Technical Report 6: Evaluating the TAMAM Impact: The Case of Al-Asriyya School

Evaluating the TAMAM Impact: The Case of Al-Asriyya School – 2016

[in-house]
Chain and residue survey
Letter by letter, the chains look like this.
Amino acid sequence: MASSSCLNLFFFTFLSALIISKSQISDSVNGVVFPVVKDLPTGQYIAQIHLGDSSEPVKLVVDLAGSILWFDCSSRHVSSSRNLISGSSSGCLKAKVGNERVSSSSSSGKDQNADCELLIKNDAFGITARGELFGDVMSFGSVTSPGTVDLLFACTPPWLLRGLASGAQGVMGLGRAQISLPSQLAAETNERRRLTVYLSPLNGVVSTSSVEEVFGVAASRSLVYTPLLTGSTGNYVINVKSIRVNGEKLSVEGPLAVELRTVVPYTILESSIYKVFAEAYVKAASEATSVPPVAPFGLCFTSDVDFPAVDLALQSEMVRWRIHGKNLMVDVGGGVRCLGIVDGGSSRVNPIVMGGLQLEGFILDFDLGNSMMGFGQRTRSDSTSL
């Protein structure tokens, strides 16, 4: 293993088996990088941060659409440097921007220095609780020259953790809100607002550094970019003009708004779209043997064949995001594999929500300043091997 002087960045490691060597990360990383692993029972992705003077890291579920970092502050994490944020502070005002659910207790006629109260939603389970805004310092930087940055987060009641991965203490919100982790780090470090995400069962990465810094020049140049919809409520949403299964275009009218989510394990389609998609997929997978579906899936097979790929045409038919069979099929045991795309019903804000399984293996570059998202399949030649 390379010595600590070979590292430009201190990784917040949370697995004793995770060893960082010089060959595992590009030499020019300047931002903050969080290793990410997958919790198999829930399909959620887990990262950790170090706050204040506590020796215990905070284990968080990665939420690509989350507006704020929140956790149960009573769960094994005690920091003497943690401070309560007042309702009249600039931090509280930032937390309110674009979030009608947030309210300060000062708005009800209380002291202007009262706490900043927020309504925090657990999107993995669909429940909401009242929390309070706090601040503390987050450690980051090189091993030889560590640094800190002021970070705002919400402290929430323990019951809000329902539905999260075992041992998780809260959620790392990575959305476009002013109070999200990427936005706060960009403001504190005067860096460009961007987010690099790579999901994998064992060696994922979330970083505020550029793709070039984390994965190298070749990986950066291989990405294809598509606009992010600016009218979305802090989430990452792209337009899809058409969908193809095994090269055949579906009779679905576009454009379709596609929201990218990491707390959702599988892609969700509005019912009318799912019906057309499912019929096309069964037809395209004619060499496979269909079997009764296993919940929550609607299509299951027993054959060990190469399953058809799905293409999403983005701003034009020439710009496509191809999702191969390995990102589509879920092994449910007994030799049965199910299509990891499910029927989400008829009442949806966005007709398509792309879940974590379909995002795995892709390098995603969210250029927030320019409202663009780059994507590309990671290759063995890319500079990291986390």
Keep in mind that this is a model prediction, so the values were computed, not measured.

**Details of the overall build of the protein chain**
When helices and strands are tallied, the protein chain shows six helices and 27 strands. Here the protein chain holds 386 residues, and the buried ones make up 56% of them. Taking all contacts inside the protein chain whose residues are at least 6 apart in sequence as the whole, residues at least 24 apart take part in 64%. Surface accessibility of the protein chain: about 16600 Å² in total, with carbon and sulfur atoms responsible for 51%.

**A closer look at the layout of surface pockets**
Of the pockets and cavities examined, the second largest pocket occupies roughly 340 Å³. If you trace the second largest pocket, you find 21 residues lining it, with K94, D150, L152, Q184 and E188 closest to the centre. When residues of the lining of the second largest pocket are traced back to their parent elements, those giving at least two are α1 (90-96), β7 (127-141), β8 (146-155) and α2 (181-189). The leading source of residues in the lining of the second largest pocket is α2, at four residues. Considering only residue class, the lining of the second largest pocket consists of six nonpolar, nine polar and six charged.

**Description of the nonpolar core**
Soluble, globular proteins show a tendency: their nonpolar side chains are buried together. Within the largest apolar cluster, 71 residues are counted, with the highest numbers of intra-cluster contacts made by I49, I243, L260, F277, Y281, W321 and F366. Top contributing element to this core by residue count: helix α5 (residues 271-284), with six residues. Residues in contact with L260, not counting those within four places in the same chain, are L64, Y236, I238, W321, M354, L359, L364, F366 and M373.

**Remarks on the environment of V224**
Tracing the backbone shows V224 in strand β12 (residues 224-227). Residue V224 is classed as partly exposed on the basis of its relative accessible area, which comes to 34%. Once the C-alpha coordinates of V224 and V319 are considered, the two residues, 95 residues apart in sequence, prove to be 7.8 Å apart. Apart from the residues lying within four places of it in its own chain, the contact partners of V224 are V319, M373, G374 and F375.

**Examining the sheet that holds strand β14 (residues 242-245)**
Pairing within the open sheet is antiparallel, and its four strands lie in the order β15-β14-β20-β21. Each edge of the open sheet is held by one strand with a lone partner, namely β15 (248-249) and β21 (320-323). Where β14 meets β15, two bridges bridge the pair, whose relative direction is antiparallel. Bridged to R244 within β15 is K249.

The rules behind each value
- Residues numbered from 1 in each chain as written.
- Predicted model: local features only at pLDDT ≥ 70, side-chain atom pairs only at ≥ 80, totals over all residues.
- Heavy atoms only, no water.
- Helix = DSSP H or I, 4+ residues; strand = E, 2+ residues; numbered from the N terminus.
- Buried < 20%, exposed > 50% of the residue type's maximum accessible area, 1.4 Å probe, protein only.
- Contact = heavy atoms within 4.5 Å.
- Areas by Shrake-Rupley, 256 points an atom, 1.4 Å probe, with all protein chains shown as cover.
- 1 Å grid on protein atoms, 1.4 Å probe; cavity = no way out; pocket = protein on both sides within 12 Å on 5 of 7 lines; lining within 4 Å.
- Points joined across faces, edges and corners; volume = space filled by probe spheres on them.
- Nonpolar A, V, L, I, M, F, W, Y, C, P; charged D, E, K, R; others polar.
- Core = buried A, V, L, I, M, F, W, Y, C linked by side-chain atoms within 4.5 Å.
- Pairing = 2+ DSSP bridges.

After the conclusion of TAMAM project’s first phase, an evaluative case study was conducted to assess the impact its Capacity Building Model had on the professional learning of a participating school team. This case study was conducted in Al-Asriyya School, one of the TAMAM project’s pioneer schools. Its purpose is to specifically investigate the following research questions: (1) to what extent and in what ways did Al-Asriyya School TAMAM team members acquire new competencies or enhance old ones?; (2) to what extent and in what ways did Al- Asriyya School TAMAM team members apply the newly acquired competencies or the enhanced old ones?; and (3) to what extent and in what ways can that learning be attributed to the Al-Asriyya team’s participation in the professional learning experiences of TAMAM?  The report presents the results of this study and reveals the aspects of TAMAM’s Capacity Building Model that contributed to this learning and those that failed to do so. It also highlights the cultural peculiarities affecting the team’s acquisition and application of knowledge, skills and attitudes associated with TAMAM’s 11 competencies. This study finds its evaluation criteria in the TAMAM 11 competencies along with their detailed elements and evaluative rubric (TAMAM’s Master Rubric). Two sets of longitudinal data were collected in 2007 and 2012 respectively for the purpose of the study through field visits, focus group and individual interviews with the school team and the project steering team (PST) members; and through the examination of school reports and field observation notes that document the learning experience of the Al-Asriyya team over the span of 4 years. Comparisons between the 2007 and 2012 performance levels led to conclusions about the level of growth of the Al-Asriyya team members’ knowledge, skills and attitudes. Results show that the Al-Asriyya team members showed varied levels of performance and growth in the knowledge, skills and attitudes of every competency. These results are mainly due to the design of TAMAM’s Capacity Building Model, a triggered paradigm shift in the members’ professional habits, beliefs and practices. The study concludes with insights and lessons learned for effective school improvement practices, improving the learning and coaching experiences in TAMAM, designing professional learning experiences in the context of Arab schools and accumulating a relevant knowledge base in this context.

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